Wolf Guy

1975

Action / Horror

Synopsis


Uploaded By: FREEMAN
January 02, 2020 at 10:37 AM

Cast

Shin'ichi Chiba as Akira Inugami
720p.BLU 1080p.BLU
741.04 MB
1280*544
Japanese 2.0
NR
23.976 fps
1 hr 26 min
P/S 1 / 3
1.32 GB
1920*816
Japanese 2.0
NR
23.976 fps
1 hr 26 min
P/S 0 / 4

Movie Reviews

Reviewed by BandSAboutMovies 8 / 10

Mindblowing and genre busting

Let me see if I can come close to summarizing the insanity that is this movie: Akira Inugami (Sonny Chiba, of course), our hero, is the last survivor of a clan of werewolves. As a child, he watched his village and people get destroyed. Today, he uses his werewolf abilities to help him solve crimes - but never transform into a wolf.

His new case begins when a man is yelling in the street about being attacked by an invisible tiger that soon tears him apart. At the center of his investigation is Miki, who was abused by The Mobs, an evil rock band, and now only cares about heroin and killing everyone who hurt her. Now, a phantom government agency uses her to kill those they deem necessary of elimination.

Along the way to solving this mystery, Inugami will battle ninjas, the Yakuza, the Japanese CIA, assassins and more. It's also worth noting that Wolfguy sleeps with more women in this movie than James Bond, but everyone he touches usually ends up dead. There's one bonkers sex scene near the end with his true love, Taka, that has him remember sucking on his werewolf mother's breast while doing the same to the woman he claims is his wife. Alright there, Wolfguy.

Sonny Chiba didn't form the Japan Action Club for nothing. This group, created to develop and raise the level of martial arts techniques and sequences used in Japanese film and television, has him at its center. In this film, he has a multitude of battles and even gets thrown down a cliff and somehow front flips directly onto his feet, a stunt that completely astounded me.

Directed by Kazuhiko Yamaguchi (Sister Street Fighter) and written by Fumio Konami (Female Prisoner #701: Scorpion), this is the only Japanese werewolf that's not a werewolf scored by Japanese jazz noise rock that sounds like Goblin featuring blood gushing FX that I have - and probably will ever - see. Imagine Wild Zero but played completely straight. I've also never seen a movie where the hero is able to control his intestines and pull them back into his body.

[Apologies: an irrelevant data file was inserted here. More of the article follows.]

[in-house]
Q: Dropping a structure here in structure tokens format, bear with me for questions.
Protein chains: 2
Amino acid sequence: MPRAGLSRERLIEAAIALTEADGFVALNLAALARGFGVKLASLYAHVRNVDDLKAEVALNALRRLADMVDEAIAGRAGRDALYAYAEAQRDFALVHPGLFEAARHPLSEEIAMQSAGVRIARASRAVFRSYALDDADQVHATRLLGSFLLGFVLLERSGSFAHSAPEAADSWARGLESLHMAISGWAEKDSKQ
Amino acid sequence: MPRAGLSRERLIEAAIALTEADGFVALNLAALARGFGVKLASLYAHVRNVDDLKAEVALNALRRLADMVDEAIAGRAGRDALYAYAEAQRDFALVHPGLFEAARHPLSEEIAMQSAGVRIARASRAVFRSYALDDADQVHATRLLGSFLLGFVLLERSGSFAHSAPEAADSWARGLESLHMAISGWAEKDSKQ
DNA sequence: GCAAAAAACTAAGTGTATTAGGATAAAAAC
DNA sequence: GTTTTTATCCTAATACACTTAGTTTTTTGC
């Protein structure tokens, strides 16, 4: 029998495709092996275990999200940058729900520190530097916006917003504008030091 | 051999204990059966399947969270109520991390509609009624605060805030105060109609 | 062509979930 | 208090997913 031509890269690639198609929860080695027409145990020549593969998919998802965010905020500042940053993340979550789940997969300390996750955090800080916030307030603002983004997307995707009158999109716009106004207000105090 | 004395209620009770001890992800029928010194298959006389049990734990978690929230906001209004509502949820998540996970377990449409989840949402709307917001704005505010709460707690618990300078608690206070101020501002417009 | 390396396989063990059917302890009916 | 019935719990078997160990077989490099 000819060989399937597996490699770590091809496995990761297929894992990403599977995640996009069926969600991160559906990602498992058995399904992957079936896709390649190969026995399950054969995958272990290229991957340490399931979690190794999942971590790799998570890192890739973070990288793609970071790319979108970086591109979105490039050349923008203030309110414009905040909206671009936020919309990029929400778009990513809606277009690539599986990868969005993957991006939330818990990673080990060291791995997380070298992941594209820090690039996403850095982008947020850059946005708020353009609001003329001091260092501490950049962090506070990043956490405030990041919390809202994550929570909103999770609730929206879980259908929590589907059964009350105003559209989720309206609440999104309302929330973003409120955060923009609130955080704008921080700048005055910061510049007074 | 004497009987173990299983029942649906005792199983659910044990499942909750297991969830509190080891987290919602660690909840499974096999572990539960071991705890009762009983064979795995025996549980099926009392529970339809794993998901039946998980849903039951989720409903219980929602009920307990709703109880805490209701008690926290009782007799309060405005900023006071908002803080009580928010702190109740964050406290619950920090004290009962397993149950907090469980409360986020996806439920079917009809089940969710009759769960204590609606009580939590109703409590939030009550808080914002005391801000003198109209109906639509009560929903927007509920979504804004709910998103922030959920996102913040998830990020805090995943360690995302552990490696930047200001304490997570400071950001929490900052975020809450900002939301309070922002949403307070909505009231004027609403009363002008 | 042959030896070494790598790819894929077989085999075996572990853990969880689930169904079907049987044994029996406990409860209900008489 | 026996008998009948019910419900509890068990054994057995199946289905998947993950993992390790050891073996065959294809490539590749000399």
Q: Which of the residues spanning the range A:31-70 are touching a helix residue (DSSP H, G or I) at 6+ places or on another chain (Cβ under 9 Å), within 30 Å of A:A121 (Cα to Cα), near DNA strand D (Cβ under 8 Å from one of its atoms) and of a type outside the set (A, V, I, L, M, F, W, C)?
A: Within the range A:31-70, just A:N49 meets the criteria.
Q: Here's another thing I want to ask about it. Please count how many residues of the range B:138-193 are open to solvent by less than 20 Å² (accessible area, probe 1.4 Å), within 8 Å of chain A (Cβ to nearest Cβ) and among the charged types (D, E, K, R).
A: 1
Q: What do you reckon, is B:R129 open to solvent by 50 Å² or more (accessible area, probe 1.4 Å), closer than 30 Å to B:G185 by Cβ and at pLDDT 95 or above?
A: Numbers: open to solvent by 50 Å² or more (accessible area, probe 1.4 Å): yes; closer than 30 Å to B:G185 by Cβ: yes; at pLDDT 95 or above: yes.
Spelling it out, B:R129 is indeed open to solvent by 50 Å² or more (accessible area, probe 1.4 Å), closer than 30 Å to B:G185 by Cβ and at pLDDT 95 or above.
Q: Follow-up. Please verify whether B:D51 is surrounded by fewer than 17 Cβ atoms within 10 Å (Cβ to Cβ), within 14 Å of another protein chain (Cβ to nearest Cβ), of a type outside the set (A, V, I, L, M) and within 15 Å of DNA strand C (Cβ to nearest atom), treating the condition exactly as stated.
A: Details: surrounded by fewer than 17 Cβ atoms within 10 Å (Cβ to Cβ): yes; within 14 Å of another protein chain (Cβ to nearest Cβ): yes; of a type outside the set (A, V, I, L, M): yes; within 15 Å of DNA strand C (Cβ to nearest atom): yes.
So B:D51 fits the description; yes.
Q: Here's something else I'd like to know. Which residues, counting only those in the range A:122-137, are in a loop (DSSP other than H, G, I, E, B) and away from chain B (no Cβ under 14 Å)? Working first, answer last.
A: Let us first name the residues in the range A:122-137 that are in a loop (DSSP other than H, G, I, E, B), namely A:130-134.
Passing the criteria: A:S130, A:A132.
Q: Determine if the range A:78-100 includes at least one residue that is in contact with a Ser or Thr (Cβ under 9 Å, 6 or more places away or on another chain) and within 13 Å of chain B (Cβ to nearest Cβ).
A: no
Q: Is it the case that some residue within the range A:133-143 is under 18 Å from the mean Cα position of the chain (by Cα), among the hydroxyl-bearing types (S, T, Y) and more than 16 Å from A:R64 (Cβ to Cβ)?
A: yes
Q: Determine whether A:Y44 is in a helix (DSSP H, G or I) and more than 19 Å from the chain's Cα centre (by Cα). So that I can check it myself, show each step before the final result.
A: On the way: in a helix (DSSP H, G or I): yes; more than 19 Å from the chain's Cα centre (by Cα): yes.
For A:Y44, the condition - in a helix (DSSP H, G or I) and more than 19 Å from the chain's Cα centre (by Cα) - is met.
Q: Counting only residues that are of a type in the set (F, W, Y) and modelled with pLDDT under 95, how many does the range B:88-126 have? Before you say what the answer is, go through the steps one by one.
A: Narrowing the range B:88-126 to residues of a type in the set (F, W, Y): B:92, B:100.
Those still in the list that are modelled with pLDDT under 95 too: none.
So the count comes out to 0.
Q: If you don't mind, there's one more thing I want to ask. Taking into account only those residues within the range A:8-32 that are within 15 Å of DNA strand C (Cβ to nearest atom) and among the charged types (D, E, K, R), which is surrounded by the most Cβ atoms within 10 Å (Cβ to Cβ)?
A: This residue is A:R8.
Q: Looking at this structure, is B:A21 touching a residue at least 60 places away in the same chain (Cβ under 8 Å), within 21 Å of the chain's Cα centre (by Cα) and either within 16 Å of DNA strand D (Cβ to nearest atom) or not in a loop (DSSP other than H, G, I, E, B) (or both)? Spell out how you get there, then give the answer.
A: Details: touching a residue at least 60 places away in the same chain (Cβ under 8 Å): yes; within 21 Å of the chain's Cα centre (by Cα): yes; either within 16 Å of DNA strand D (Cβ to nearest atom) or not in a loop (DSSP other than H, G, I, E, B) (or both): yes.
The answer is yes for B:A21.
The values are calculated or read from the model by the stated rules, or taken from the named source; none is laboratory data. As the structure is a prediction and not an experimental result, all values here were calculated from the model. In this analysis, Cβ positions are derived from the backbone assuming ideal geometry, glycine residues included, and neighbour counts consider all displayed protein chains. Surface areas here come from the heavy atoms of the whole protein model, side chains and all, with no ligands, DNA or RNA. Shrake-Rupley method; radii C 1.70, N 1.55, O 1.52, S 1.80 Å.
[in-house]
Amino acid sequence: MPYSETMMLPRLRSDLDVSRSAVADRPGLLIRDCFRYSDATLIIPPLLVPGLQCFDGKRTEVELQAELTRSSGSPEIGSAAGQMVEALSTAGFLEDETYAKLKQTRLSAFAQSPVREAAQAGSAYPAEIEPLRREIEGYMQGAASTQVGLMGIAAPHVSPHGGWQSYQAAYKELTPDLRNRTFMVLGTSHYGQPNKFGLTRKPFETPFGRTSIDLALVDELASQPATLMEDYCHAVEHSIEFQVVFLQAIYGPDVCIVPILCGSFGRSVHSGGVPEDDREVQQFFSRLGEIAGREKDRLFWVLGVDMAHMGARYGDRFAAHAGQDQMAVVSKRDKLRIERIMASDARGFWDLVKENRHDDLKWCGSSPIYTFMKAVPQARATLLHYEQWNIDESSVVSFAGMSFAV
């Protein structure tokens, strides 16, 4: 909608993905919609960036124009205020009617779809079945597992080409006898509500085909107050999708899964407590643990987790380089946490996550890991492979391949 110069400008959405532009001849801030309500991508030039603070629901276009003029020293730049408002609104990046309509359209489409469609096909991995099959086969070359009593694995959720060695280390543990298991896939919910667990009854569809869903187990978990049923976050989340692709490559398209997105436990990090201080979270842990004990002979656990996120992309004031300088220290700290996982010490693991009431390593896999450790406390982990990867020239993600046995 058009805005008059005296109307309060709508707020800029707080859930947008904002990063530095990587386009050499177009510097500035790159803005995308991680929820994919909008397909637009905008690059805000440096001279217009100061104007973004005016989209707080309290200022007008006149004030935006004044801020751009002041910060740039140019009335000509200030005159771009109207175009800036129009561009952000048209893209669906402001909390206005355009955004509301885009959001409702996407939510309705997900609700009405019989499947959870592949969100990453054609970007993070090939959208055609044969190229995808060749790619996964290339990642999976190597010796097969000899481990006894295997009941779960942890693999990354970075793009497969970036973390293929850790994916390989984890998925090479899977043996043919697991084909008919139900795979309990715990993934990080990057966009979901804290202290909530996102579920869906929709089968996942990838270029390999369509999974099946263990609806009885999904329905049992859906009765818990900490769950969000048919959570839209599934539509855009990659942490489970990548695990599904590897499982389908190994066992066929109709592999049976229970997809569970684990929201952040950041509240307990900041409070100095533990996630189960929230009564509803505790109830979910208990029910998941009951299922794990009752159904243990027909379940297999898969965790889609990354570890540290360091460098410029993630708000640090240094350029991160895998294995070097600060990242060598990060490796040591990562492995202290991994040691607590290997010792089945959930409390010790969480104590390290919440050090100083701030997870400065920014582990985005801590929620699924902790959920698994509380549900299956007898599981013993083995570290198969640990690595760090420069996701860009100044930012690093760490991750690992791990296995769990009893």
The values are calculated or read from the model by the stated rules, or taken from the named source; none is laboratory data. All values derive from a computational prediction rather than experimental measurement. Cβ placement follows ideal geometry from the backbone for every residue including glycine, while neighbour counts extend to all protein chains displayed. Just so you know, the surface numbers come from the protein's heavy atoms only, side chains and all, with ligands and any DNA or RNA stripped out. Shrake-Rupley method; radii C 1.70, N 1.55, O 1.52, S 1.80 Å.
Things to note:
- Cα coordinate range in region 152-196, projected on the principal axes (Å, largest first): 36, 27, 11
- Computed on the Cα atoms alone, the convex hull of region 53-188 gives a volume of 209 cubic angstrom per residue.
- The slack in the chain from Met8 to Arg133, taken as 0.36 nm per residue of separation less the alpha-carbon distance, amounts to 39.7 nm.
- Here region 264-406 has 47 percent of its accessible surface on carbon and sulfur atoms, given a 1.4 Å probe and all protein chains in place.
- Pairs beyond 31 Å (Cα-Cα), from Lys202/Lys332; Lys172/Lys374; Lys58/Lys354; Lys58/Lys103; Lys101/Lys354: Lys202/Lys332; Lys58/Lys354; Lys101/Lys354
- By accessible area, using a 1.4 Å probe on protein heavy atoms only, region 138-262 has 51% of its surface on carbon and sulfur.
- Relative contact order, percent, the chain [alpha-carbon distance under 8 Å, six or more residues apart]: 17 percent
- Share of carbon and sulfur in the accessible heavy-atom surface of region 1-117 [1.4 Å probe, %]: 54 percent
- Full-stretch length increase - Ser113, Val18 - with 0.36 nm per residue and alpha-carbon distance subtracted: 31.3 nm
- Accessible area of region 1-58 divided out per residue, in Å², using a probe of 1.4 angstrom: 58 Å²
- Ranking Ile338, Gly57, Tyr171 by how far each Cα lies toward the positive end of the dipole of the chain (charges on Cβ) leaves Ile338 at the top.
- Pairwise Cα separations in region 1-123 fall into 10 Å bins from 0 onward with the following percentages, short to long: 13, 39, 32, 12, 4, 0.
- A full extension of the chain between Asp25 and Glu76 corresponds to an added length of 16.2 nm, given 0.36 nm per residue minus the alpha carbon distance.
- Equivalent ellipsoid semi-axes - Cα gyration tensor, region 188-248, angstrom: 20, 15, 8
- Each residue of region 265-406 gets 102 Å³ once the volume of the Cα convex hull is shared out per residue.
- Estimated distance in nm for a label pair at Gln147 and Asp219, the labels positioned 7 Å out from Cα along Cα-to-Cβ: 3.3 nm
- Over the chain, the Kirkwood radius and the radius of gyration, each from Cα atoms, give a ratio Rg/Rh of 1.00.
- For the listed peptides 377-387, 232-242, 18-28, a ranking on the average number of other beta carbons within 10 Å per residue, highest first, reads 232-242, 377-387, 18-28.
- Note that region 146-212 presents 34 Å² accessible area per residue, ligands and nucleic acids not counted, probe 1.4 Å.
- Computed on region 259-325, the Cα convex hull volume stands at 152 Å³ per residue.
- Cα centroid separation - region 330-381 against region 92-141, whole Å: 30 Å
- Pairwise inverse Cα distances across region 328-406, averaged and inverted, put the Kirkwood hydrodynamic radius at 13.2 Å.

Imagine this: loud guitars, neon colors, dizzying camera angles, werewolf fistfights again ninjas and a love scene every fifteen minutes. This is a gloriously scuzzy, scummy, silly and majestic piece of film. It blew me away from start to finish and I can barely comprehend much of what I watched!

Reviewed by gavin6942 7 / 10

Japanese Action Werewolf

Sonny Chiba plays the only survivor of a clan of werewolves who relies on his feral, full-moon-activated superpowers to solve mysterious crimes. One night, a bizarre and bloody death in the Tokyo streets plunges him into a far-reaching conspiracy populated by crooked politicians, naked women, an invisible phantom tiger, and a shadowy organization known as the J-CIA.

Steve Kopian writes, "If you look up WTF in the dictionary, one of the top five definitions will be this film." He is not wrong. While this may not be one of he five most bizarre movies out there, it certainly makes every attempt. And if "weird" isn't your thing, there are also copious explosions and a great deal of gun play and squibs in the later scenes, evincing a definite Sam Peckinpah influence. So, there's that.

As author Bryan Senn points out, even though the title is "Wolf Guy", one of the strange things is that Chiba never actually becomes a wolf at all. He has his strength fluctuate based on the lunar cycle, and at its peak he can deflect bullets or even reverse the effects of being disemboweled. But at no point does he howl or even grow the slightest bit of hair.